Insurance industry shows unease over new risk management regulations
The European Union is currently working to introduce new regulations to the insurance industry in an effort to moderate risk and exposure. These rules are meant to impose new risk management standards on large insurance companies in order to mitigate any problems that could be caused by future financial disasters. In Germany, these regulations are being met with resistance as the insurance industry balks at the deadlines imposed by the European Union concerning the implementation of these new regulations.
German agency criticizes time frame of implementation for new regulations
Germany’s Federal Financial Supervisory Authority, often referred to as Bafin, has criticized the European Union‘s regulation deadline as being too restrictive. The agency suggests that the regulations affect insurance companies in different ways and forcing all companies to comply with regulations could be a problematic issue for the insurance industry as a whole. According to the agency, if the deadline remains inflexible, the country could simply pull its support of these regulations entirely. Such a drastic step could cause a major rift in the European insurance industry.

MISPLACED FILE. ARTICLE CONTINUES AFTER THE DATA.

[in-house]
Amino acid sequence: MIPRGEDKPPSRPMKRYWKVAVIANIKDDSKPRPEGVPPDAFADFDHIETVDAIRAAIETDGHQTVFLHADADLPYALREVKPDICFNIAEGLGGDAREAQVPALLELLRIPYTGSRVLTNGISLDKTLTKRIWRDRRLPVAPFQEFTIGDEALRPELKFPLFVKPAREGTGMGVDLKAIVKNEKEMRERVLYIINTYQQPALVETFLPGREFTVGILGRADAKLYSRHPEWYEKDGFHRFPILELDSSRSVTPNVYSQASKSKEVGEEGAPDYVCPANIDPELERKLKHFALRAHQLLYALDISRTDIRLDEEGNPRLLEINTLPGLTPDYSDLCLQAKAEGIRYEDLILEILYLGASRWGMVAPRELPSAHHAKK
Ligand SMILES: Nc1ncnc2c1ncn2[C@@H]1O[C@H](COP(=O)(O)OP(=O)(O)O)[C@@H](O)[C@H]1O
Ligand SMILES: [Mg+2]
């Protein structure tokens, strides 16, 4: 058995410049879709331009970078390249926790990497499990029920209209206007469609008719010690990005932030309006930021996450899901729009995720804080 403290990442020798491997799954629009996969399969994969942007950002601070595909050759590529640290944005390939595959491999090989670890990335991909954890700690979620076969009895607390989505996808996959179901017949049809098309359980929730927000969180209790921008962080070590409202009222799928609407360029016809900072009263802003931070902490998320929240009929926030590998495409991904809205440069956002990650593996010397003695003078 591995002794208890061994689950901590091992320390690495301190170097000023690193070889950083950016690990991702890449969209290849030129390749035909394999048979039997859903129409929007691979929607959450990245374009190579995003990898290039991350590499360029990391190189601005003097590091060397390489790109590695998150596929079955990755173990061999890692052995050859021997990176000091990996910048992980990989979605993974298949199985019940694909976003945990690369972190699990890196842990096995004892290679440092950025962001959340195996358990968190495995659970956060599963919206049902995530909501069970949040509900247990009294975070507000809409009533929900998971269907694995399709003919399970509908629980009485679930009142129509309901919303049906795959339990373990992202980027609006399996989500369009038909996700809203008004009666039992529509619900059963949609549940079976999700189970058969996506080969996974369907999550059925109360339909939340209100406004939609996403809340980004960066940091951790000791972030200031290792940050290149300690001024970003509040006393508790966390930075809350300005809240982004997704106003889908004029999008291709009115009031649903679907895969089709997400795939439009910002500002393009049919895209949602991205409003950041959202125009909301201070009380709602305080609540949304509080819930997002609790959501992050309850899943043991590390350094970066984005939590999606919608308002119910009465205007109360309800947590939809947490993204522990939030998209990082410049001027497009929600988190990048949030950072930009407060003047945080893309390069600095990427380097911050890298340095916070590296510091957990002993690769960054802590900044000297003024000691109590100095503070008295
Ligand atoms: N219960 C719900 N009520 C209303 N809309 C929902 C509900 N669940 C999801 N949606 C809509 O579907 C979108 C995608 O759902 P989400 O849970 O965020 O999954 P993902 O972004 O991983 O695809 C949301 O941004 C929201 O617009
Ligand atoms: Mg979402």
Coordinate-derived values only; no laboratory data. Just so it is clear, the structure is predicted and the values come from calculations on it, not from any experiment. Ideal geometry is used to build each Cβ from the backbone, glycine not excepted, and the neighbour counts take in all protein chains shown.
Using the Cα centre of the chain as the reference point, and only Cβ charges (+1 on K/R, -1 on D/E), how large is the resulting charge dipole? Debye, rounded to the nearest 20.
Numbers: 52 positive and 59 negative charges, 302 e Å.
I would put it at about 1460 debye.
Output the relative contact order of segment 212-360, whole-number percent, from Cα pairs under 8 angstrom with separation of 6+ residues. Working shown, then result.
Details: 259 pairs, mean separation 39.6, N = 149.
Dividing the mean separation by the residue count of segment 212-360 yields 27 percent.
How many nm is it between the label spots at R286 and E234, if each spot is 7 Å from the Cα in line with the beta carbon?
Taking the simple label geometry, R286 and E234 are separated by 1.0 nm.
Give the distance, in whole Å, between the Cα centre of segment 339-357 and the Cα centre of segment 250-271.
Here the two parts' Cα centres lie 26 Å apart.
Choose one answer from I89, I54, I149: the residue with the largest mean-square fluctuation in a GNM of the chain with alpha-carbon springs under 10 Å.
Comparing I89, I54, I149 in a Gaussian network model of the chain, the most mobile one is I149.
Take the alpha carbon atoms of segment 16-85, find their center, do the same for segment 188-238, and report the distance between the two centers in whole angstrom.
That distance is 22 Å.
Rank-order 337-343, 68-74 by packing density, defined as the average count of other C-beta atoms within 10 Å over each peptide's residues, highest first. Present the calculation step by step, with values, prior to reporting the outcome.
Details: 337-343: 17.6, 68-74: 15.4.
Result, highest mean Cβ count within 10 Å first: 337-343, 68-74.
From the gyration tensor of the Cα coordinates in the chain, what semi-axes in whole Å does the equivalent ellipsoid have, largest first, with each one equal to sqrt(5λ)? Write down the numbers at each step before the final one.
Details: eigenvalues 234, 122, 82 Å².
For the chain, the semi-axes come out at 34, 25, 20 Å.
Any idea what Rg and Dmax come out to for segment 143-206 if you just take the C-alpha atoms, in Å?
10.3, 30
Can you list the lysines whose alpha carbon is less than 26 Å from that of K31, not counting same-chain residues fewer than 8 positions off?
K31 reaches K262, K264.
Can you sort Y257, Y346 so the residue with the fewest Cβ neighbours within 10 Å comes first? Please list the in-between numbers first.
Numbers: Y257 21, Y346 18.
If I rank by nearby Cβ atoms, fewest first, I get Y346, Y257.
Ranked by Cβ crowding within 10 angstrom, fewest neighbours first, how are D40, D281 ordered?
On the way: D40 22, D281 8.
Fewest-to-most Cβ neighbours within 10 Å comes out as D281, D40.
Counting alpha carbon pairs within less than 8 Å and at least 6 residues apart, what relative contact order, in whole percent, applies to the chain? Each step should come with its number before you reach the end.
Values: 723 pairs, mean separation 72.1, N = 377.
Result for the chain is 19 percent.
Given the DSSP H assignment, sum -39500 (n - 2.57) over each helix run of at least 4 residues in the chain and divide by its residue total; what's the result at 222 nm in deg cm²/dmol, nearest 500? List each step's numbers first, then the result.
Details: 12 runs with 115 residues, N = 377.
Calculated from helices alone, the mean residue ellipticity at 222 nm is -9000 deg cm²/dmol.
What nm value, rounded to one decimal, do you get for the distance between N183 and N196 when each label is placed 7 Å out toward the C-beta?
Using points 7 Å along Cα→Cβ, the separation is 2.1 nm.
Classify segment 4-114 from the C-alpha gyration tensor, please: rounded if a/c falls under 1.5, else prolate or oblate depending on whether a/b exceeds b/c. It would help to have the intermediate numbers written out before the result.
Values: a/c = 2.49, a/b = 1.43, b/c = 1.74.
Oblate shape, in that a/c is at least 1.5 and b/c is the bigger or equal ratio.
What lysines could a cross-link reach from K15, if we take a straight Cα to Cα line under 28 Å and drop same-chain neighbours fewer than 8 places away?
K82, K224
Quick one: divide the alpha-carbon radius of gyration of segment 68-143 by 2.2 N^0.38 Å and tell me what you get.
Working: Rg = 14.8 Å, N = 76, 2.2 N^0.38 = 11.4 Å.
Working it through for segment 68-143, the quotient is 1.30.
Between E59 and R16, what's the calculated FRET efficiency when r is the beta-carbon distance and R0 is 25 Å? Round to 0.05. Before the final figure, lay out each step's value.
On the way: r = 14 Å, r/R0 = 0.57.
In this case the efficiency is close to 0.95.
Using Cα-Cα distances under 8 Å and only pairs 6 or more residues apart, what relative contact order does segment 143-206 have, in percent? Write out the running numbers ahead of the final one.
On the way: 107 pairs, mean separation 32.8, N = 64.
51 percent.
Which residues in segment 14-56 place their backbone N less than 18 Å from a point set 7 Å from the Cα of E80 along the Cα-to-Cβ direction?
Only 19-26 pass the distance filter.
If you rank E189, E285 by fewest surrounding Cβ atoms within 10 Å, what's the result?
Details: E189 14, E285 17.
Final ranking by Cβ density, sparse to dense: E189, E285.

Industry groups come together to offer alternative
Bafin is not the only German organization that is expressing concern over the new regulations. Insurance industry groups have also come together to suggest that the time frame through which these regulations are to be enacted could create a troublesome environment within the industry. These groups are suggesting that European insurers be given a seven year period during which they could adopt the regulations slowly and mitigate any financial tension that could be caused by doing so.
New regulations place more financial pressure on insurers
The new regulations bring higher administrative costs as insurance companies attempt to adhere to the strict risk management standards that the EU is imposing on them. For large insurance companies, this is not likely to be a significant issue. Smaller insurers could feel severe financial pressure, however, as these organizations already have a limited amount of money to spend on administrative costs. If small insurers are forced to adhere to the same timeline as their larger counterparts, these insurers could be pushed out of business in certain parts of Europe.